• O Brother, Where Art Thou? plays with this a lot; they messed with the hue and saturation until everything was an intensely colorful brown, imitating the look of old-timey photos. This was also done because dying yellow crops look better in a Depression-era film, whereas most of the greenery was verdant as Hawaii during filming. Also, the first feature film to be entirely digital color corrected. The directors consulted with modern colorists on how to accomplish the look they wanted, as they wanted to preserve particular colors, and the reply was that it was impossible to not affect everything in the frame. They explored digital color correction and was able to manipulate the specific set of colors they wanted, which was revolutionary.
  • Vicky Cristina Barcelona, source of our page image, is very golden-yellowy looking. Woody Allen likes warm colors.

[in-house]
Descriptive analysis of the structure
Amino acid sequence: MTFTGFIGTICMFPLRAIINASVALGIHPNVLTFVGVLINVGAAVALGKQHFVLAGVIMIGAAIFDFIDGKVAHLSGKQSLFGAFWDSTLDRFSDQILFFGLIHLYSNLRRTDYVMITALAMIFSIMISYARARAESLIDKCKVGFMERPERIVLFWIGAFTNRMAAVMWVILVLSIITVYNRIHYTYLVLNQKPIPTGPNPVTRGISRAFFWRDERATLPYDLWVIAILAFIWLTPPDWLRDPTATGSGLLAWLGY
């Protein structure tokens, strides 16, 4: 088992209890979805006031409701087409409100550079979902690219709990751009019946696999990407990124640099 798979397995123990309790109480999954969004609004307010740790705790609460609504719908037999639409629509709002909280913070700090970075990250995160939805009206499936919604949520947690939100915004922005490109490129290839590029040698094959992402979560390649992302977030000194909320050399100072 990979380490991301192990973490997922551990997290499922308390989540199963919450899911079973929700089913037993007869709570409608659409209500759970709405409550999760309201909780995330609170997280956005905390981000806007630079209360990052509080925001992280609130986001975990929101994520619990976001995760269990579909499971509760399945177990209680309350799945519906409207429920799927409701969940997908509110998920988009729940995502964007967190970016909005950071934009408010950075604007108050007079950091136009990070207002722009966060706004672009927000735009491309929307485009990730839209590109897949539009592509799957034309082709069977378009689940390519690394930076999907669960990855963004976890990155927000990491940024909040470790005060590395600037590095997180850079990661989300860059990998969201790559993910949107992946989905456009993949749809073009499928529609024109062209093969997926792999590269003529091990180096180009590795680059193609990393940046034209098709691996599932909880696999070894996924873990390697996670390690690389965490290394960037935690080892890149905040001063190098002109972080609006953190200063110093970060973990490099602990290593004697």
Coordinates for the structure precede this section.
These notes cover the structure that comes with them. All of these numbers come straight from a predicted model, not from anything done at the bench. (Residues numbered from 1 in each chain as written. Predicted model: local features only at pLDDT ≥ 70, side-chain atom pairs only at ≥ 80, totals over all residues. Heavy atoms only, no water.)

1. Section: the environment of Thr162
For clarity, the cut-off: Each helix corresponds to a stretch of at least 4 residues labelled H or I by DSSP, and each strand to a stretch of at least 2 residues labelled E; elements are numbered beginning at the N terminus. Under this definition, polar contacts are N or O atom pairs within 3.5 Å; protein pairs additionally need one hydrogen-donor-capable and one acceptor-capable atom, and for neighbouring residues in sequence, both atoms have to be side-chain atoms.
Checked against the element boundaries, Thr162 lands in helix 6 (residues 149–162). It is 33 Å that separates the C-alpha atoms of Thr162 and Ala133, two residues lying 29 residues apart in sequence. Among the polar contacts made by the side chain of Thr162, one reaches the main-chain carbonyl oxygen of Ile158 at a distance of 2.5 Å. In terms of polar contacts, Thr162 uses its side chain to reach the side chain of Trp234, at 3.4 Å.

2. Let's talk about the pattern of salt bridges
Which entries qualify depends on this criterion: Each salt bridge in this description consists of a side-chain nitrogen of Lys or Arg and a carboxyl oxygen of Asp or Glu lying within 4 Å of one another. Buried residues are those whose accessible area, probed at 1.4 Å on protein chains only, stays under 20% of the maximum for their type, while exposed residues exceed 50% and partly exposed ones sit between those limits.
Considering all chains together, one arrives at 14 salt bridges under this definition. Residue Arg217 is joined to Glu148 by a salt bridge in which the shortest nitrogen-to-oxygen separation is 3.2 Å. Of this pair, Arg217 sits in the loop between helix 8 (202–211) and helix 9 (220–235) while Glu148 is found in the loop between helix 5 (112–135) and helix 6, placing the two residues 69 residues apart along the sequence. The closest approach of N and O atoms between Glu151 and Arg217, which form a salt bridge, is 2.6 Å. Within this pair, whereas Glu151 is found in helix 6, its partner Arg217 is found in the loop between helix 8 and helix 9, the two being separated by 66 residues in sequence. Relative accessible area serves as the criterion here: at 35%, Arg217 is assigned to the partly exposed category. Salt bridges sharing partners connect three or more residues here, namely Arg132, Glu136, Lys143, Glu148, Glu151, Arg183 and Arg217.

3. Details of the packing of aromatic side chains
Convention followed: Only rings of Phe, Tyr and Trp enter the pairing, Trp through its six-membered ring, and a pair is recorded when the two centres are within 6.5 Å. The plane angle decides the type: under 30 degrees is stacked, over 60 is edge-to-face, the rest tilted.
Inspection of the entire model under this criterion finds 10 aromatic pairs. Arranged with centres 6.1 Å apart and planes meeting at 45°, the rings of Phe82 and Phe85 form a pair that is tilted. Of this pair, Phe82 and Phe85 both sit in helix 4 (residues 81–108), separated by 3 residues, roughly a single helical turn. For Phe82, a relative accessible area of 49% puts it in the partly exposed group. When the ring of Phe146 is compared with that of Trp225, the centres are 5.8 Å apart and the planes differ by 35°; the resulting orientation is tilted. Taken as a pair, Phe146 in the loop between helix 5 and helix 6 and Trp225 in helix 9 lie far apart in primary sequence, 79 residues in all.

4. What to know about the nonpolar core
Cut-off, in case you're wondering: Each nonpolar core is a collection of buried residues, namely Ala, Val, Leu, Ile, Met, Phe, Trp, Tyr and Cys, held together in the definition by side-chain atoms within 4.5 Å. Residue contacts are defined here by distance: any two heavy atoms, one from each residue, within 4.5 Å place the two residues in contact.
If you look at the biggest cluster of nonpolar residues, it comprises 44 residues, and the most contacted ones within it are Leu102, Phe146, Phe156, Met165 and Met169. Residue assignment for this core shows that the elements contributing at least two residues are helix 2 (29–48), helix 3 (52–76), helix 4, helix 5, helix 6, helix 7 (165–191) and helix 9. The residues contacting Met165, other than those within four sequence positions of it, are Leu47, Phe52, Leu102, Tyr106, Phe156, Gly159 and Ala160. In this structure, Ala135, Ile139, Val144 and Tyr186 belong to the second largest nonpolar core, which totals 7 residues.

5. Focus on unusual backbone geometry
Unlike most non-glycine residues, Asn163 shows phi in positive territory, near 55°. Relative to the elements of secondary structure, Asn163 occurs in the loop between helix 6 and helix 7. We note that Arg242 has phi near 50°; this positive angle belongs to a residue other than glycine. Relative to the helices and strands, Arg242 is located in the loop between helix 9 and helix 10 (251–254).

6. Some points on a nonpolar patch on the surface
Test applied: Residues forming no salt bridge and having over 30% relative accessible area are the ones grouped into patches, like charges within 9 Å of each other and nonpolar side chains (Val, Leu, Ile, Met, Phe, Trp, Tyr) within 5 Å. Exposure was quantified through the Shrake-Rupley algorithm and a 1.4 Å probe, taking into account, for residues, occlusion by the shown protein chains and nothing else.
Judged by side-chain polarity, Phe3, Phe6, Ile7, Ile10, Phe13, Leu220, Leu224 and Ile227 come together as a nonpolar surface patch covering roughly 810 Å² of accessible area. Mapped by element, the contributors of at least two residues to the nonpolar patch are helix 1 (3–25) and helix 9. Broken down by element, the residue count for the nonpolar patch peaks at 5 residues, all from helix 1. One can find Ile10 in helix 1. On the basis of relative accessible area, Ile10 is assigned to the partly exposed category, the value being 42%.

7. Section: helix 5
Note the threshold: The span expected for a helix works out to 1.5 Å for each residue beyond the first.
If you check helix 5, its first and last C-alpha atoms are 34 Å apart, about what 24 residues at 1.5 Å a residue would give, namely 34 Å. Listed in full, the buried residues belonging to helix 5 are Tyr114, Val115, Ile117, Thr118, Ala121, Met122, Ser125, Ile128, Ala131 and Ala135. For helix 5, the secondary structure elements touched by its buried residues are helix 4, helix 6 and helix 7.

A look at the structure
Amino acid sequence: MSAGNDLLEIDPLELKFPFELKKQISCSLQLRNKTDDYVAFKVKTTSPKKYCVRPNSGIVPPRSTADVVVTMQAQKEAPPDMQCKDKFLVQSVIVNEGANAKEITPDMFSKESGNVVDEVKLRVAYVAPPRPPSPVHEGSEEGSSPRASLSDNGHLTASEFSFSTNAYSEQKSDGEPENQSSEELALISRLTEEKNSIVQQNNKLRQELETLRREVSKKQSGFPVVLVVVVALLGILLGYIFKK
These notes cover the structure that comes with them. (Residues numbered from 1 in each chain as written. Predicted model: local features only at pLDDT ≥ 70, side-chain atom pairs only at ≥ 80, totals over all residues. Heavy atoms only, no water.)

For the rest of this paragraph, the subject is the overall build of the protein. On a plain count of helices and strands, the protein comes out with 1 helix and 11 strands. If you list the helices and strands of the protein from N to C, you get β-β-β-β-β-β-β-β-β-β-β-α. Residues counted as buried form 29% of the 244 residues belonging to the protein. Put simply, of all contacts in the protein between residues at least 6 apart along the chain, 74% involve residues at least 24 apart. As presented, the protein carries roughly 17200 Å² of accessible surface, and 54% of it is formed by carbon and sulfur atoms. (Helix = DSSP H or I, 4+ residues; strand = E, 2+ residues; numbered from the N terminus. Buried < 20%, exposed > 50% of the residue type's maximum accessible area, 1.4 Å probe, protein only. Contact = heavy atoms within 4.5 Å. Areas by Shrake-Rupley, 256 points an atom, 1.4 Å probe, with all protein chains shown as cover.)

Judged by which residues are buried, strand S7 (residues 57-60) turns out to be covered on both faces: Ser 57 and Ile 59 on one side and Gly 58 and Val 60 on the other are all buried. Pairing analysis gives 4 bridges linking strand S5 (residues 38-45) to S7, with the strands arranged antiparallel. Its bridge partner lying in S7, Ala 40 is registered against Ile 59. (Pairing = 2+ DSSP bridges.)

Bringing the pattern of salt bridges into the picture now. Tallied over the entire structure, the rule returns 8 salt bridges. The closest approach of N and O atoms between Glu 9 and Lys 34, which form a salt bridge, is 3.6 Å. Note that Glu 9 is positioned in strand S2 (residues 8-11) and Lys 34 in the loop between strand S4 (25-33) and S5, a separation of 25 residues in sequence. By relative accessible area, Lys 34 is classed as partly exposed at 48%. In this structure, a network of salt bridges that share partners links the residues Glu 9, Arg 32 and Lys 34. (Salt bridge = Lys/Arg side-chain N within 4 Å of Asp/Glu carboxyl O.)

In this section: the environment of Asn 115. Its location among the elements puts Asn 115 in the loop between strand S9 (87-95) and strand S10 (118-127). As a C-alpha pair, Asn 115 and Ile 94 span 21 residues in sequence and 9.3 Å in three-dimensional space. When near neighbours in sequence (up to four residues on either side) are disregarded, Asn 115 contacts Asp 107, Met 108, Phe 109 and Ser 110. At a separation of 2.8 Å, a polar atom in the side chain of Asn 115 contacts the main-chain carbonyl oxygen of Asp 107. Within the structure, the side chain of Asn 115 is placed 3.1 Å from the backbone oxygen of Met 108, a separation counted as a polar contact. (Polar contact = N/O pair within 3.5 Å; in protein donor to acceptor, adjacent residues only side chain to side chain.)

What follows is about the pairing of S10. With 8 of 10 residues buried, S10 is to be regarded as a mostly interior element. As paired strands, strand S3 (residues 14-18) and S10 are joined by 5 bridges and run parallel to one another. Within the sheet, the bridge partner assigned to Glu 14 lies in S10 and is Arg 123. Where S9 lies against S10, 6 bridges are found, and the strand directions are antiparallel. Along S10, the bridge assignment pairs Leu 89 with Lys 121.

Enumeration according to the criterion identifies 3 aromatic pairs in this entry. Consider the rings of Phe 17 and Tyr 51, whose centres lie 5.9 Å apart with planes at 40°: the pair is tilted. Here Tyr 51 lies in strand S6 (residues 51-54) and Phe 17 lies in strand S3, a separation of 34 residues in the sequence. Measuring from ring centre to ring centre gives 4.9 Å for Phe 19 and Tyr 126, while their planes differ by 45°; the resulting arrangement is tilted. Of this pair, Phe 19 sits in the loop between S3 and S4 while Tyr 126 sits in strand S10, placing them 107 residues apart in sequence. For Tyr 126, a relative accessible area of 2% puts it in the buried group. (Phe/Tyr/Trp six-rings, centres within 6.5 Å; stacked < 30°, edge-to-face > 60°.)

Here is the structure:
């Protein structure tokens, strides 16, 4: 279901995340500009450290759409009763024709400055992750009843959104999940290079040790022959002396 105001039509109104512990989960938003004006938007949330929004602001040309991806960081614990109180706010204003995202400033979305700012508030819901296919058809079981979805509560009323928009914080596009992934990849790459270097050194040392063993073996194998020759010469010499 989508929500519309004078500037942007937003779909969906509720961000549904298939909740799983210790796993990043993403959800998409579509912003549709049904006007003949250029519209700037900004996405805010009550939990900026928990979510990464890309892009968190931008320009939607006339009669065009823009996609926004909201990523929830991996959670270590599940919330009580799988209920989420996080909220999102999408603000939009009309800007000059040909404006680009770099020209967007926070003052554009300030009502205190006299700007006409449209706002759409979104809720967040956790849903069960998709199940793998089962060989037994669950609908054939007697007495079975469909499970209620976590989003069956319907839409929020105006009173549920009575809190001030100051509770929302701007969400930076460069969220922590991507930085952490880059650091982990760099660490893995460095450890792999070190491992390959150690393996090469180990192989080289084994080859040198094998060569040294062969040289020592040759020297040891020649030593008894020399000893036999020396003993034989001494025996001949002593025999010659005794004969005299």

• The movie version of Kamikaze Girls is really, really yellow.
  • In The Thirteenth Floor, one character comments on how the colors are off in the computer simulation.
  • Used far too much in the made-for-TV film Jason and the Golden Fleece, with desaturated colours and hard light.
  • Avalon has a very amber filter, to the point of monochrome until the end, when it's removed to suggest that the main character is now in "the real world."
  • The Moroder version of Metropolis used color washes over the whole screen — blue for scenes in the underground Worker's City, reddish tones for surface scenes, though there were some variations.
  • The original Star Wars trilogy has a fairly consistent dark blue wash (very noticeable in scenes set on mostly-grey spaceships) in the DVD version that wasn't in any earlier version (compare the bonus disc, which has the original theatrical version without the blue wash).
  • In the film adaptation of South Pacific, everything appears heavily yellow because the film was filtered through a yellow sheet of cellophane in postproduction. This was overkill of what they wanted, which was to make the film "more yellow", and they hadn't actually intended it to be all yellow. They released it anyway.
  • David Fincher is a big fan of brown.